“He would like that,” Mr. Reilly said, his face softening with relief. “Somewhere dark and quiet.”
I smiled back. “I know just the place.”
“Thank you.” Then he said good-bye to us both and left.
I picked up Honeybun’s carrier bag and walked past the restaurant dining room and the door to the restaurant kitchen, then down a hallway. At the back of our house was a second, smaller kitchen—the one our family used—and my grandfather’s bedroom.
“You’ll be comfy in here for a while,” I said to Honeybun as I put him on Grandpa’s desk in the corner. “I’ll come back for you a little later.”
I turned to leave the room, only to be stopped short by my dress catching on the bag’s zipper and pulling it open.
Before I knew it, there was a flash of grey fur and a puffy tail moving past me. I squealed as the grey blob raced around my grandfather’s room, almost faster than I could keep track of him. Under the bed! Under the desk! Under the chair! And then . . .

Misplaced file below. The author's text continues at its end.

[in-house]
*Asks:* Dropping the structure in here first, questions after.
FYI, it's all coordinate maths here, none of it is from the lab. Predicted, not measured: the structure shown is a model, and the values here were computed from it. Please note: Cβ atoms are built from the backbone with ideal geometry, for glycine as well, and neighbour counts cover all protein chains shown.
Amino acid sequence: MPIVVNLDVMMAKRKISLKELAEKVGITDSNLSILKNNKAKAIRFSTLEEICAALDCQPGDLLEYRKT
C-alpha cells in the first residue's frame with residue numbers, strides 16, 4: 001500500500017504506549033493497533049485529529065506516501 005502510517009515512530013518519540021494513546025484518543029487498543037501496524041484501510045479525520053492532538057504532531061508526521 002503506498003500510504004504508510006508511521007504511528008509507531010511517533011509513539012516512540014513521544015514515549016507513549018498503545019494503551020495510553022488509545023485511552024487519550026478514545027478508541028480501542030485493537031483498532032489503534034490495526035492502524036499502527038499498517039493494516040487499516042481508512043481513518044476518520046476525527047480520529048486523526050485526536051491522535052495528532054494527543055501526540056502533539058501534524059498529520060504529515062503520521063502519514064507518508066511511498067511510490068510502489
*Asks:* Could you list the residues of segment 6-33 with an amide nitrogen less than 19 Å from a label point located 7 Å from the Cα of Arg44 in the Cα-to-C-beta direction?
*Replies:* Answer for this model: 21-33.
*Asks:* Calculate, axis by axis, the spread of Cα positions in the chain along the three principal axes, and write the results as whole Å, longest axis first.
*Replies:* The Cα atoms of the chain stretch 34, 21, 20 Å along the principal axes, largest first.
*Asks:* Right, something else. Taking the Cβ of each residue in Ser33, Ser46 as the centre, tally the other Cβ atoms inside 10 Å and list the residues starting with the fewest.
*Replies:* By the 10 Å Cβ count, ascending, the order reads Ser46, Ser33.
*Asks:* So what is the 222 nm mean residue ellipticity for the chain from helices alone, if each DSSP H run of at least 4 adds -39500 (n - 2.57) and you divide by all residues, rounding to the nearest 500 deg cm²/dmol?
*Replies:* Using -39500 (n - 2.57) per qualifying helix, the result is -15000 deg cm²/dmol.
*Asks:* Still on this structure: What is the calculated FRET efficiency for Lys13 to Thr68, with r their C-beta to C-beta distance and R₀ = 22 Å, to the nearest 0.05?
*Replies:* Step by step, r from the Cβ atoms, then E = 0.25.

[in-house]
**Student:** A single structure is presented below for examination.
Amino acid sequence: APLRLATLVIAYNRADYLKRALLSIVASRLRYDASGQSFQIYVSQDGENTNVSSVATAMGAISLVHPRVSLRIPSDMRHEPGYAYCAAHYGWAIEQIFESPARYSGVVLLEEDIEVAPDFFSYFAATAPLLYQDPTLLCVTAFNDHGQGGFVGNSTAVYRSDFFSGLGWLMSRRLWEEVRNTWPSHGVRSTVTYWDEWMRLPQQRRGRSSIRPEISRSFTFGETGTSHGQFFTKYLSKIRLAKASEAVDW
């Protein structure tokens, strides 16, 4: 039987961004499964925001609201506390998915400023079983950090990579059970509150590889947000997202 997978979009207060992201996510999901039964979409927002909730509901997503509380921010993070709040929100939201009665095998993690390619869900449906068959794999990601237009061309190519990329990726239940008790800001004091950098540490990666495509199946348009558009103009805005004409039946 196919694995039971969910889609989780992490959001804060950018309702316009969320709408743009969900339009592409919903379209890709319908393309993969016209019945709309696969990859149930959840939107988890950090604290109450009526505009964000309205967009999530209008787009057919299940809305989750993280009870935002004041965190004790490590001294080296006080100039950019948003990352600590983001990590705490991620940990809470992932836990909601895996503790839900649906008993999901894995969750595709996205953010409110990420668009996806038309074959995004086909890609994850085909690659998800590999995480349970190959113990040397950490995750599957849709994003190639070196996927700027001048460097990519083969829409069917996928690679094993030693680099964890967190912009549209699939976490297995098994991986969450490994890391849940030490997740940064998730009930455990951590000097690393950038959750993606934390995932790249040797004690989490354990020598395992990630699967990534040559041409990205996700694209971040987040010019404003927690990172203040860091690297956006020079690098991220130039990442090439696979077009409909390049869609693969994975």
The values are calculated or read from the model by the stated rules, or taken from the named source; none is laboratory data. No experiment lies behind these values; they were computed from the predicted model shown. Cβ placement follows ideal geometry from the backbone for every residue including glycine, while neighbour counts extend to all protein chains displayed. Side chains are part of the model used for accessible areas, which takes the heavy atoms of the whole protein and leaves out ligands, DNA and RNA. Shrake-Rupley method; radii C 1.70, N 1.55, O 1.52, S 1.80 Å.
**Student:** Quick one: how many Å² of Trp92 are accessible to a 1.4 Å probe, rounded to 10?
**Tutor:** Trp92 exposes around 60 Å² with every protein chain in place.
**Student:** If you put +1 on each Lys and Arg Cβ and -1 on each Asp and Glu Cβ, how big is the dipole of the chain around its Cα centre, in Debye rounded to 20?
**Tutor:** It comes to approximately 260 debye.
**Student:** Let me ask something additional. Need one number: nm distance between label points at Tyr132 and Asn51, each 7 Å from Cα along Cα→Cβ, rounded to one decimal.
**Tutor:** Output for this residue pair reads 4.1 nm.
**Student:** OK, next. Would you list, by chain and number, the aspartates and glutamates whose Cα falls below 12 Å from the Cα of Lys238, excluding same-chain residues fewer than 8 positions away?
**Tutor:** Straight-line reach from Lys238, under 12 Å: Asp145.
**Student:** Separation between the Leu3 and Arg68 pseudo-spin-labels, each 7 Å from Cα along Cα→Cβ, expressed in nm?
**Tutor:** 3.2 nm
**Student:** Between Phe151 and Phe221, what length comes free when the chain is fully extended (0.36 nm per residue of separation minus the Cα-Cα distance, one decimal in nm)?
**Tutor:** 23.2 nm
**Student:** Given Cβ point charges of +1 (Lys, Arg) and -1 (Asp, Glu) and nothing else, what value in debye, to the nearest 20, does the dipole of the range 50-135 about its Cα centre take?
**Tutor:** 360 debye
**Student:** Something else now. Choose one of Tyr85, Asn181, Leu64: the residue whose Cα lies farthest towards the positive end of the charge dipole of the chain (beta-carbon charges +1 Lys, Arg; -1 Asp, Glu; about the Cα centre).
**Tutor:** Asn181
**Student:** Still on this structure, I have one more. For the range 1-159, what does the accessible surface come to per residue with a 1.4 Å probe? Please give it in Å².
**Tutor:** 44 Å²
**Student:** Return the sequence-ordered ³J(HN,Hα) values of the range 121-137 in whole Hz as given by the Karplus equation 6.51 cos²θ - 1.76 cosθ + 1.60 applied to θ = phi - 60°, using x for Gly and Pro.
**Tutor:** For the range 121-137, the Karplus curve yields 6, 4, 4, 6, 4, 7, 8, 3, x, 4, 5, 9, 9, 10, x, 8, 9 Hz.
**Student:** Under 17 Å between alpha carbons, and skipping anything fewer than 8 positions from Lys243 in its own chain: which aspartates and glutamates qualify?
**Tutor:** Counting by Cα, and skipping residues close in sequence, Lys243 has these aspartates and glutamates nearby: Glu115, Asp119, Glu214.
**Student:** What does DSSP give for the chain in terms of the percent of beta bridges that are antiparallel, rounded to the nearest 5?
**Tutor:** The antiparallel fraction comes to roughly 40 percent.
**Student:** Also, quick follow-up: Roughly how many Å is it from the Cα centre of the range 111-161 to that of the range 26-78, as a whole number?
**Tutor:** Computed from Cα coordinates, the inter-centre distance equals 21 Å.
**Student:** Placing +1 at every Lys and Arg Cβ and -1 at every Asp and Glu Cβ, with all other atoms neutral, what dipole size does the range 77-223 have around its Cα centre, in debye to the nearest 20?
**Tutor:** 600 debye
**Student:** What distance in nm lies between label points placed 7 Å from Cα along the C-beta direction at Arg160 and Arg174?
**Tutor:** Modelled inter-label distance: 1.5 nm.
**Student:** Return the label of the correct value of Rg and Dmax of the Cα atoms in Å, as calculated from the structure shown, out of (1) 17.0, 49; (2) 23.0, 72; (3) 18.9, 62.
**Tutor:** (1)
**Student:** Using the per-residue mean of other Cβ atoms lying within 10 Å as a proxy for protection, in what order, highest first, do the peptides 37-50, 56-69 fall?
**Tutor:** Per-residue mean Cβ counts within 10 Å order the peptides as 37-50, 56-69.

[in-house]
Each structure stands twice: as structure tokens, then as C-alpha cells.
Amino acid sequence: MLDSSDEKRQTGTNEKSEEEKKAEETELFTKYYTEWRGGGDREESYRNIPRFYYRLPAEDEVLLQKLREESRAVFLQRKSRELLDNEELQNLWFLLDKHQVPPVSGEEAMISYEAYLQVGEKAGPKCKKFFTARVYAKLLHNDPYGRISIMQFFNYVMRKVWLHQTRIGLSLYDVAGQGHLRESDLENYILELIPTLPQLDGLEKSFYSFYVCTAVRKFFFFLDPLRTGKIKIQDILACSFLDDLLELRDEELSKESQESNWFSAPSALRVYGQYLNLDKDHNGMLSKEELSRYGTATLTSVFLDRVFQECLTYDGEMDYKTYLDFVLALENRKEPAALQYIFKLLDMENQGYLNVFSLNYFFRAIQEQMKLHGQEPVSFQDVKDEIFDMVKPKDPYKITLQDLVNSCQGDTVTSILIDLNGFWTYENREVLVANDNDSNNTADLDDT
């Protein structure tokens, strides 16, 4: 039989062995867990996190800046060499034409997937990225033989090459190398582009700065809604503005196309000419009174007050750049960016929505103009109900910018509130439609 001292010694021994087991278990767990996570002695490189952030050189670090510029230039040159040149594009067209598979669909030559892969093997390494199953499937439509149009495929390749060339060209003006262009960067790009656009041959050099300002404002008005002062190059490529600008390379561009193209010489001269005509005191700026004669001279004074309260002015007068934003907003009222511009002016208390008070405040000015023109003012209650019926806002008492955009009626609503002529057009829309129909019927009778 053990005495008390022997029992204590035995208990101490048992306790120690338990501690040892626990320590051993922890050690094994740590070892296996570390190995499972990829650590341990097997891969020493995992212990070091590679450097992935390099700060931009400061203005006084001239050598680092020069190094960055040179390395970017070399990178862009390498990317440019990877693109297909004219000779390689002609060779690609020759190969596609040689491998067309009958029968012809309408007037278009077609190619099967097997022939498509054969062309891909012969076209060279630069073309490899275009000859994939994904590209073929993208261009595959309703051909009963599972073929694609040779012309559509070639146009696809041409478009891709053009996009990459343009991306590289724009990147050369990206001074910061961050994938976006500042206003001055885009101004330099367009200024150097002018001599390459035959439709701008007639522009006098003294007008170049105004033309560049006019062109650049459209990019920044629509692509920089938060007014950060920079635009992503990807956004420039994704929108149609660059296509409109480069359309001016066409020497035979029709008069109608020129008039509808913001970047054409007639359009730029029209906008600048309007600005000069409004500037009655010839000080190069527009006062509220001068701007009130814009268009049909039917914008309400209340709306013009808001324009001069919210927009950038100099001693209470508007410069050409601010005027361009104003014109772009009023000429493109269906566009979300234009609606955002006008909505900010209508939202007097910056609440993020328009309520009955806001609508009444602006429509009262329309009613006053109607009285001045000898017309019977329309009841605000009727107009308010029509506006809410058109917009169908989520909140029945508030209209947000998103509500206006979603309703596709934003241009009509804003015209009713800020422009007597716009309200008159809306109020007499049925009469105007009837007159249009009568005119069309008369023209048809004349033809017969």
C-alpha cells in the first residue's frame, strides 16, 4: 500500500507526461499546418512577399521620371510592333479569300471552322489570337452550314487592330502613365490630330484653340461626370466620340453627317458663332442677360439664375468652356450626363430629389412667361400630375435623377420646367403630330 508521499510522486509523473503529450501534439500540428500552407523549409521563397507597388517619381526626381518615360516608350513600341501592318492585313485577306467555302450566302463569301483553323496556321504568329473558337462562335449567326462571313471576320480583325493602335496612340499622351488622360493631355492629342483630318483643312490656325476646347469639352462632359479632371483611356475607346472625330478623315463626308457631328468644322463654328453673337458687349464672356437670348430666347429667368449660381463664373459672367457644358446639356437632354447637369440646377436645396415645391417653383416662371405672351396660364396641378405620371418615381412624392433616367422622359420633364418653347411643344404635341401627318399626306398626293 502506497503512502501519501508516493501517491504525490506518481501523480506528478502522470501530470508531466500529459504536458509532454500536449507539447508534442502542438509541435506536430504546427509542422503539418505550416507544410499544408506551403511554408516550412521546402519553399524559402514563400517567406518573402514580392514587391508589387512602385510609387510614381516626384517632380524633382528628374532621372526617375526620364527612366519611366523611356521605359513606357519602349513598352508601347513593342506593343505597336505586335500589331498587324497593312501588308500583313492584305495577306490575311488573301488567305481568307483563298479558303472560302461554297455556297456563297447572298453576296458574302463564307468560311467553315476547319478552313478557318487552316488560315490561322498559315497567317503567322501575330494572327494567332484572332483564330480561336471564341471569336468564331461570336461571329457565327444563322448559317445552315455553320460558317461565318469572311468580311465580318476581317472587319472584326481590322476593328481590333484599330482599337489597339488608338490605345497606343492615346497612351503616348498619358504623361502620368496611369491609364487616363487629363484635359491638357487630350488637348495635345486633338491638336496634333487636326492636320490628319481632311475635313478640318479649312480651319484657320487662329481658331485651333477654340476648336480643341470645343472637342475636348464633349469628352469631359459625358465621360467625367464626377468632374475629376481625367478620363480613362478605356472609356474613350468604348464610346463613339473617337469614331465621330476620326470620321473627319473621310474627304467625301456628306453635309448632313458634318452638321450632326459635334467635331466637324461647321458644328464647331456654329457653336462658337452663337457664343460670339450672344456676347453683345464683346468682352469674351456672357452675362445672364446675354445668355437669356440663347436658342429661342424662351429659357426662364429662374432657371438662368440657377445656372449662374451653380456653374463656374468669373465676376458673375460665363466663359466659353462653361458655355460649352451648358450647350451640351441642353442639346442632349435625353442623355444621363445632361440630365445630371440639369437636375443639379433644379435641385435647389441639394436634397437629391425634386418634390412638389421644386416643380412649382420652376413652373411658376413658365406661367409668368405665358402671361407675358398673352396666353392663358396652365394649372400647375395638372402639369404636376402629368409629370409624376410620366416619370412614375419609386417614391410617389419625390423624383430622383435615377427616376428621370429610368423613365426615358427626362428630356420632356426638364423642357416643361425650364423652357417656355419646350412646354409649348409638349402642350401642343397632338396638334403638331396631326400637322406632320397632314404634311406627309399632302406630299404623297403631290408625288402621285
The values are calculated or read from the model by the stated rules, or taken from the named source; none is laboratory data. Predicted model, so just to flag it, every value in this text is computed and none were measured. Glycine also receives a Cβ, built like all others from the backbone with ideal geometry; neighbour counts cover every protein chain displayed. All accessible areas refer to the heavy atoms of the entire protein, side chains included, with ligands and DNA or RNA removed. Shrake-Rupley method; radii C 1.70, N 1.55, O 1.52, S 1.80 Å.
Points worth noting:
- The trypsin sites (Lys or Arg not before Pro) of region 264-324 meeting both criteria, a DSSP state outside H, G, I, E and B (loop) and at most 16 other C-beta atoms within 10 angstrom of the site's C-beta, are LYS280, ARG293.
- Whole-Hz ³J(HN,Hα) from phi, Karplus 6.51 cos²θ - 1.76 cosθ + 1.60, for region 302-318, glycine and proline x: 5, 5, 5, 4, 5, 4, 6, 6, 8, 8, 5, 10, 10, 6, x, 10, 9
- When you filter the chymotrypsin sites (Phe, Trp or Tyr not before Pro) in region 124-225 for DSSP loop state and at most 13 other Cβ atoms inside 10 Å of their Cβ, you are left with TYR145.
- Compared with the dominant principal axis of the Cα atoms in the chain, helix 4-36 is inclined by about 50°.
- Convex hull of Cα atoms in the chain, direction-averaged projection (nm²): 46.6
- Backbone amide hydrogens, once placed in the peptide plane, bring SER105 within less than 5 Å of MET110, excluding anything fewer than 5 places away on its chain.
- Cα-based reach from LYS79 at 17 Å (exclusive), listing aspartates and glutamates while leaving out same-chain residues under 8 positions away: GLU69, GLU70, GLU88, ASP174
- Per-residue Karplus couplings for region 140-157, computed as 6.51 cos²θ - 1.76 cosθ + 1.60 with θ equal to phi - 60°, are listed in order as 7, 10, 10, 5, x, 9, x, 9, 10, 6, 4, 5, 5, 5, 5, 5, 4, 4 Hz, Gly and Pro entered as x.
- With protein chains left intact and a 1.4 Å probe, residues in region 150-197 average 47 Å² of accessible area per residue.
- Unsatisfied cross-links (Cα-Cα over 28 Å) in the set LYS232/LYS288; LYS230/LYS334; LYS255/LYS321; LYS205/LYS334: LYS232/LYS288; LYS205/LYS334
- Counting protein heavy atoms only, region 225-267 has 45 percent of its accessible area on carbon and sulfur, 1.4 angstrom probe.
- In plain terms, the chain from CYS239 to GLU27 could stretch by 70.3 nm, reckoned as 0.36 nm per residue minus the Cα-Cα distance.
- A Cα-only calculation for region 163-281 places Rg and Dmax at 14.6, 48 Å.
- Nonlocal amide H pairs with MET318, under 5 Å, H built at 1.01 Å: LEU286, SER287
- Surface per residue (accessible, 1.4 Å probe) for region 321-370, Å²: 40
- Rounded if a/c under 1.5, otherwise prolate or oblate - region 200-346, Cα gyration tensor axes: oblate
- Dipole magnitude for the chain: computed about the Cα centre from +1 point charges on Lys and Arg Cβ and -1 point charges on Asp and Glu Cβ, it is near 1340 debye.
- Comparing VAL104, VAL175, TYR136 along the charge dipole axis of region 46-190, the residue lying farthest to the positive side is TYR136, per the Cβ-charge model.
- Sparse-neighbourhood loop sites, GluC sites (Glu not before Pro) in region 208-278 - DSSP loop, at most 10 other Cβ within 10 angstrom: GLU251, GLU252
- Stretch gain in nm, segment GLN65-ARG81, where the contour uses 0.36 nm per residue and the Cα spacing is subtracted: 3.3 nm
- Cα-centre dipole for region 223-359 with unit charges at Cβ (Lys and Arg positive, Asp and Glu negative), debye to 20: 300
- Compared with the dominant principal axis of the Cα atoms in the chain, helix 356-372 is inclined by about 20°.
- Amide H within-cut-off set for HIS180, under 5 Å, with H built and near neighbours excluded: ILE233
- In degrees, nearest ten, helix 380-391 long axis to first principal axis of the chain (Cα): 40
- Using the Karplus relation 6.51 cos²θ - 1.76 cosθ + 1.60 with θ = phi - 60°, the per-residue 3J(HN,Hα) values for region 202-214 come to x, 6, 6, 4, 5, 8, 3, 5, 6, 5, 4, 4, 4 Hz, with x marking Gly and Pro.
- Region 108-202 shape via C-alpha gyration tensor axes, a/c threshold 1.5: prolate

Stillness. Where had he gone?! I could already see Mr. Reilly’s review on the travel sites: ZERO stars!!! Pleasant View Bed & Breakfast LOST my chinchilla!!!!!
Don’t panic, I told myself. This is your house, not Honeybun’s, and you know every nook and cranny.
I got down on my hands and knees, peeking under Grandpa’s bed. I saw two small eyes and two long ears. “Honeybun! Thank goodness,” I said, reaching for the chinchilla. “It’s okay, little guy. Let’s get you back in your bag where you’ll be safe.” I pulled him out slowly and started petting . . . Grandpa’s bunny slipper. Great. I’d been talking to a shoe.
Still on my hands and I knees, I checked under the dresser. Nothing. I looked behind Grandpa’s hamper. No chinchilla, just one dirty sock that hadn’t made it into the basket. Eww.
As I crawled slowly toward the door, I scanned the room, checking the corners. I poked my head into the hallway, calling a soft, “here, chilla, chilla, chilla,” hoping Honeybun would come running like a cat.
Nope. Instead I saw Grandpa, standing at the other end of the hall, looking at me with a confused expression. He was with a young couple, and the woman was holding a squirming toddler by the hand.